Seven years+: You’ll have been practicing and playing long enough to easily learn songs by ear, and you’ll feel comfortable and confident in being able to play almost any beat after some practice. Advanced drummers typically have at least this amount of experience.
"You only get better by playing." — Buddy Rich
First of all, it’s important to keep in mind that you absolutely must put in the time. Regardless of which resources you’re using to help you along, putting in the hours of practice per week is what is needed the most.
Along with doing that, here are some resources you can use to help you improve.
Reading professional drummer advice will be very helpful if you’re starting out. You’ll get more personal tips that people share that you might not be able to find in other places.
Using a metronome is a great idea when first starting out. It can greatly assist with your timing. This will help you to be able to keep a beat in time and help you internalize the rhythm of what you’re playing.
If you listen to a lot of music, this will help too. Playing through songs with headphones on will help you in a variety of ways, including with your timing and being able to play through an entire song from start to finish.
Video tutorials are one of the best ways to get free help with a musical instrument. There are many great resources that are free on websites like YouTube. You can also buy video series from other sources from professional drum instructors.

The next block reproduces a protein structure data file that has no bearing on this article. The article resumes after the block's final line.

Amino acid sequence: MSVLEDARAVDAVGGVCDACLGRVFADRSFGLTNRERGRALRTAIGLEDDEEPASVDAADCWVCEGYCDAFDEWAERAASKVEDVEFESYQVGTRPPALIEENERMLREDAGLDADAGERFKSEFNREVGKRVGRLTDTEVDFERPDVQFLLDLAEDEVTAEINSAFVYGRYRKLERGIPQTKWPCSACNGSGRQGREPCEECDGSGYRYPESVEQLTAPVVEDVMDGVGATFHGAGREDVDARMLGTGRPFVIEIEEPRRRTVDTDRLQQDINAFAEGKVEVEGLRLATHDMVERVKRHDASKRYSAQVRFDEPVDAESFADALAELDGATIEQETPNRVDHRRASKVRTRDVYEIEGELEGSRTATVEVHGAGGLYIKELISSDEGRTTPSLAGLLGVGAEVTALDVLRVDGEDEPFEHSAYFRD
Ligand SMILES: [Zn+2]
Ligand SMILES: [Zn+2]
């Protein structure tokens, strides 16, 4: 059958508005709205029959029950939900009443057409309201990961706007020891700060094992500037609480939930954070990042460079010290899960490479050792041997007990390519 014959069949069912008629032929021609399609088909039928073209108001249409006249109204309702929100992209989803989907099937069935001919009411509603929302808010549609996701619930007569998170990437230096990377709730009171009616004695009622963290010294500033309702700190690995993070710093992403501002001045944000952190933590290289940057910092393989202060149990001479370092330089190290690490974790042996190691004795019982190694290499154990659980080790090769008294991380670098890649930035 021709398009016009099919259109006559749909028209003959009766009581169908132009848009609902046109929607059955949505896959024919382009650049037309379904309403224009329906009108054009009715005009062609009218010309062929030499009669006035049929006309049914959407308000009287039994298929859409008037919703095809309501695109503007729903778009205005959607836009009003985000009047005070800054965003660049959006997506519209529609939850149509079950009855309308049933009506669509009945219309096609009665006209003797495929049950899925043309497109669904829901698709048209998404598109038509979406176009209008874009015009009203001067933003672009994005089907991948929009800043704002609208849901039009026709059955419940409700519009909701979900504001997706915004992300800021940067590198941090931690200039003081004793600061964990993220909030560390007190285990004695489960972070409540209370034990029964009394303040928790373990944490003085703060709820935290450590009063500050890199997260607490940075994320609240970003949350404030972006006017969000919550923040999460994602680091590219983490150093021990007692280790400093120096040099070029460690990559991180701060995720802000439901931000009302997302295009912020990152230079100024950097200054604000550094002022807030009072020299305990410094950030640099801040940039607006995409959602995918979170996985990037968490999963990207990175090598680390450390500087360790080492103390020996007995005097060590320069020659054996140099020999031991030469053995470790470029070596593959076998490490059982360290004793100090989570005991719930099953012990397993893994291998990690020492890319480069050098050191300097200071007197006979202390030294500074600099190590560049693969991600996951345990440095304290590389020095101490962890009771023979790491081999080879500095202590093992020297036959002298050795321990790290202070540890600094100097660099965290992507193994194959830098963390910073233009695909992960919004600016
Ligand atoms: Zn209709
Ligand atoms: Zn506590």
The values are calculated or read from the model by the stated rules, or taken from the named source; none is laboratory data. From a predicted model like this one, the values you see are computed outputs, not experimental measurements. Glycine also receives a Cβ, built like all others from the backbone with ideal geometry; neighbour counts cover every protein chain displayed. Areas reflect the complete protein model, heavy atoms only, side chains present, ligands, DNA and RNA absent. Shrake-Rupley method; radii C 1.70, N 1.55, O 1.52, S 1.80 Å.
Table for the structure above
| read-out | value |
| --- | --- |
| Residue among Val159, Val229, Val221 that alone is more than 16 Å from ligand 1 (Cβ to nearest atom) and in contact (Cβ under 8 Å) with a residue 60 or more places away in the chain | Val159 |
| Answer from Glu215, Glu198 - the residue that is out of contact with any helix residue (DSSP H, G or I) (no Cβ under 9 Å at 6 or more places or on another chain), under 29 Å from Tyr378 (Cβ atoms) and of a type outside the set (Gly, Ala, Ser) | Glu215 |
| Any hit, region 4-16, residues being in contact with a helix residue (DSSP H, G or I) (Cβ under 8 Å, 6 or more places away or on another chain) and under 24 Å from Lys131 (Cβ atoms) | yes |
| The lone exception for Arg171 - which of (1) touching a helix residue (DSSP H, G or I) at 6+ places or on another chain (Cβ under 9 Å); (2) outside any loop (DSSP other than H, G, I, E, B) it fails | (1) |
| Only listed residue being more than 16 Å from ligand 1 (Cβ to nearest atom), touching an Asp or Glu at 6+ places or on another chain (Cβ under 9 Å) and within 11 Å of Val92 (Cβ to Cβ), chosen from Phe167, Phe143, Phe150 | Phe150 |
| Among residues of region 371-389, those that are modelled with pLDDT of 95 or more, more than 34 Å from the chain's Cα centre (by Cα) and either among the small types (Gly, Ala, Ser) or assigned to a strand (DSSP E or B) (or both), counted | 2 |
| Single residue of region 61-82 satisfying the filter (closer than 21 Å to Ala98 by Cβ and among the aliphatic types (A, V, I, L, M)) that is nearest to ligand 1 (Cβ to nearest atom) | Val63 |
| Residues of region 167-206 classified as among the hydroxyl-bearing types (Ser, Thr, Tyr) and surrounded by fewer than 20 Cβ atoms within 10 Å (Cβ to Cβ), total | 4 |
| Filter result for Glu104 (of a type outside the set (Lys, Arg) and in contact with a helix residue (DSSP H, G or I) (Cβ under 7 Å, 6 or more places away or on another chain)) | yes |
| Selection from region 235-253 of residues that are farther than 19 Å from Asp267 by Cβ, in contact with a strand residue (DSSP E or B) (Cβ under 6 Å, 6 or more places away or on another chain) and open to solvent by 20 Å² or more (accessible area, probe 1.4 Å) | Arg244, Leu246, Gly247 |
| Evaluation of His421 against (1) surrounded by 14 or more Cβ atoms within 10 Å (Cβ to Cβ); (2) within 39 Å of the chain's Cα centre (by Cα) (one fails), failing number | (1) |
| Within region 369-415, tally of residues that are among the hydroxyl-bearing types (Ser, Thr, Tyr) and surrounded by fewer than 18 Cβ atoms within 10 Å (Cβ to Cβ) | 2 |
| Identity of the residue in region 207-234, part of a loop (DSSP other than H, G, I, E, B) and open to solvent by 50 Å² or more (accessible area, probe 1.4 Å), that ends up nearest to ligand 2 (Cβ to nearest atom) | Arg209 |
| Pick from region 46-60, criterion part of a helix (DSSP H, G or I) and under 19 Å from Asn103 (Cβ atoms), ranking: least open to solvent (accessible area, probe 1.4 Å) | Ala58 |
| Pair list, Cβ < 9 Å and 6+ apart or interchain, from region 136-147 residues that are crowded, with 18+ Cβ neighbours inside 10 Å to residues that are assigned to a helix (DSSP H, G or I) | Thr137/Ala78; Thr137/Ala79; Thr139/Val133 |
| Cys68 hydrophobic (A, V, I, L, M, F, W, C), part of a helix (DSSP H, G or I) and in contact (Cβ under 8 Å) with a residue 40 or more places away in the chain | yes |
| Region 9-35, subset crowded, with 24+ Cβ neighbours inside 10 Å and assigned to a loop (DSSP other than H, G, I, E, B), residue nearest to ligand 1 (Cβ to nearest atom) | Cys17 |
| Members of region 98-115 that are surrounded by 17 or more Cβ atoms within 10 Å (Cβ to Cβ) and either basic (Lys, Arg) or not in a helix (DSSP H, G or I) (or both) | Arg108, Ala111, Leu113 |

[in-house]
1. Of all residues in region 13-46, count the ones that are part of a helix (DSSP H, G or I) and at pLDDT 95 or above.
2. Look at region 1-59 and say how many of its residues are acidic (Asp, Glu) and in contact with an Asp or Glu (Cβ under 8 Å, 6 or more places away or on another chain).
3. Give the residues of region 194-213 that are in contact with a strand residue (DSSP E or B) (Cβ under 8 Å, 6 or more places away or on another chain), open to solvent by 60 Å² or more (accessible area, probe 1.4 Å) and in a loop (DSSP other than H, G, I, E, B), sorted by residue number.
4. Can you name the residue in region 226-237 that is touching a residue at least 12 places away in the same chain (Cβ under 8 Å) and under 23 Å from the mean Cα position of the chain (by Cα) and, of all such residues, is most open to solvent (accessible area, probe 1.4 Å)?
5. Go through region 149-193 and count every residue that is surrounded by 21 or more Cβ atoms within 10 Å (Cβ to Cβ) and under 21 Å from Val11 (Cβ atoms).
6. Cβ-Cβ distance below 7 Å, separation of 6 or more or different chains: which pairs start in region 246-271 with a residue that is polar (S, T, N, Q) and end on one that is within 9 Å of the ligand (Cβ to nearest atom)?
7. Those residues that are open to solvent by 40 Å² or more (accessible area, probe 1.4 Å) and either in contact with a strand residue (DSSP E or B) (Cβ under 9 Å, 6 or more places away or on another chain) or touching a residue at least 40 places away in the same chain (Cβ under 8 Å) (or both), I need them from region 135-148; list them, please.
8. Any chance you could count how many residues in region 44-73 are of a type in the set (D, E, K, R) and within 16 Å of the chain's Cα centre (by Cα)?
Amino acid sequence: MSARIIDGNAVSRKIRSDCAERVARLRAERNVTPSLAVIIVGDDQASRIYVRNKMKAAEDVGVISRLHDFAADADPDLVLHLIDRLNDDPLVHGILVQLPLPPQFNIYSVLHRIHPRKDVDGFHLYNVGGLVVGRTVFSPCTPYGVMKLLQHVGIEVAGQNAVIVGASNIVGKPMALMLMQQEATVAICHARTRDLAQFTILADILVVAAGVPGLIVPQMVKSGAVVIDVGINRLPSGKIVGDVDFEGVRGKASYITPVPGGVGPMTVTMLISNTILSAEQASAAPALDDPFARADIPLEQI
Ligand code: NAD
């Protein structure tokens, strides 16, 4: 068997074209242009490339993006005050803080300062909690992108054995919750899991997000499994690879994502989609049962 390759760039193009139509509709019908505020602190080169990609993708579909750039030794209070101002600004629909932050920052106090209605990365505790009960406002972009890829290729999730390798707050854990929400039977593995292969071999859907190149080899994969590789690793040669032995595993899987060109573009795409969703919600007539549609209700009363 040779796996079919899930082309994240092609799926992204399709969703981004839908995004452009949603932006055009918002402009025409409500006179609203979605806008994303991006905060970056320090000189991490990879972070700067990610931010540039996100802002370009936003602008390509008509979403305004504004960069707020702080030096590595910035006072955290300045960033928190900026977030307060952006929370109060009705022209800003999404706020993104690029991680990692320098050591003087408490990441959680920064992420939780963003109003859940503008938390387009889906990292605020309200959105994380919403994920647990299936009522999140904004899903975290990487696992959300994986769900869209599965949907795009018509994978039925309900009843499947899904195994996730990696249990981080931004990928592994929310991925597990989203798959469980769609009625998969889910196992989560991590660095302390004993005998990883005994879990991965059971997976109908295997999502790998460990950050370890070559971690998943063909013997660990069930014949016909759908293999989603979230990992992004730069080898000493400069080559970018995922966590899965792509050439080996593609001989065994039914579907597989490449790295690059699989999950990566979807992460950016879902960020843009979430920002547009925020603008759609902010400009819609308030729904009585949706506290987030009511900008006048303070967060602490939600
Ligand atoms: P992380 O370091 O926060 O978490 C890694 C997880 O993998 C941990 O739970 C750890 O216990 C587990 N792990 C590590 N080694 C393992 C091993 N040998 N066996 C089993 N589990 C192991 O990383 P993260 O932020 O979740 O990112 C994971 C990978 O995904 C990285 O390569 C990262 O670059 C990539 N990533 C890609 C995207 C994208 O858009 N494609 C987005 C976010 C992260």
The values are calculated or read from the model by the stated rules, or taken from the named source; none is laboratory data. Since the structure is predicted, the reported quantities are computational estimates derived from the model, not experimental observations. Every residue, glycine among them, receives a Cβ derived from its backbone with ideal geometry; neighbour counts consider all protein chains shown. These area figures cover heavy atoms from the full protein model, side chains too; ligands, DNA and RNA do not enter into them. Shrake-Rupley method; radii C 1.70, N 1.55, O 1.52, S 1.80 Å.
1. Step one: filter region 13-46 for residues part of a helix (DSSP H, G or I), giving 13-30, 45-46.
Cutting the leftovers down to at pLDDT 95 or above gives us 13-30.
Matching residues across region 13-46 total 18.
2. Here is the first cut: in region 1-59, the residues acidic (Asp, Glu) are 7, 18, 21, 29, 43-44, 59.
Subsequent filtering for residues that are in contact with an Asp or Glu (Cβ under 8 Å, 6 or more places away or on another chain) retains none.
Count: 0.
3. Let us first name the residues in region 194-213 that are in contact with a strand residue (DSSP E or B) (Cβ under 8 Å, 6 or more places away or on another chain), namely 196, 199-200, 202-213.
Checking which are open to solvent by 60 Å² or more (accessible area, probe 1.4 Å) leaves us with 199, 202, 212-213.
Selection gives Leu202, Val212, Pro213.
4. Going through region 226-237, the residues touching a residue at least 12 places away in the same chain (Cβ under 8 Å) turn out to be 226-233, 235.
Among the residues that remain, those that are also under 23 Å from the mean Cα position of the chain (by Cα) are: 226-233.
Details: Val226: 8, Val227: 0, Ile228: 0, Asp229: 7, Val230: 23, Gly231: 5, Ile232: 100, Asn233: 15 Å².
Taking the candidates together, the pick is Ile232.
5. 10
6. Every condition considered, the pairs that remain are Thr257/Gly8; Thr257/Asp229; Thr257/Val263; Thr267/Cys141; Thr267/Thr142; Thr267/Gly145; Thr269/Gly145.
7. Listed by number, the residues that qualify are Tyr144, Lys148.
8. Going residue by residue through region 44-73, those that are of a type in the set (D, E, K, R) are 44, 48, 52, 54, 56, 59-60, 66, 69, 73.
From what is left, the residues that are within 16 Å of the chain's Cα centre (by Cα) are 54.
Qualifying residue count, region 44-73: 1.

Getting help from a professional drum teacher is definitely a great way to learn. They’ll take the time to give you feedback in real time, have you go through drills, and give input on how you can improve once you get going.
Playing the drums is easier on some days than on others. But there are some hard and fast rules I stick to when it comes to drumming that have served me well over the years. Here a few:
If you haven’t gotten a good night’s rest, are feeling sick, are hung over, or anything that will affect your mental clarity and physical state, it will affect your playing.
So if you can schedule your drumming on days where you know you won’t be very tired, you can expect to see better results. In turn, you should learn faster and will feel better about your abilities.
Playing in a band is not for beginner drummers. You should take the time to really learn your instrument before attempting to play live shows or record music.
The last thing you want is to be totally unprepared for your first show and embarrass yourself in front of a crowd. Plus, the longer you wait, the better your drumming will be.
I consider two years to be the minimum before joining a band. If you can stretch that out to three years, even better.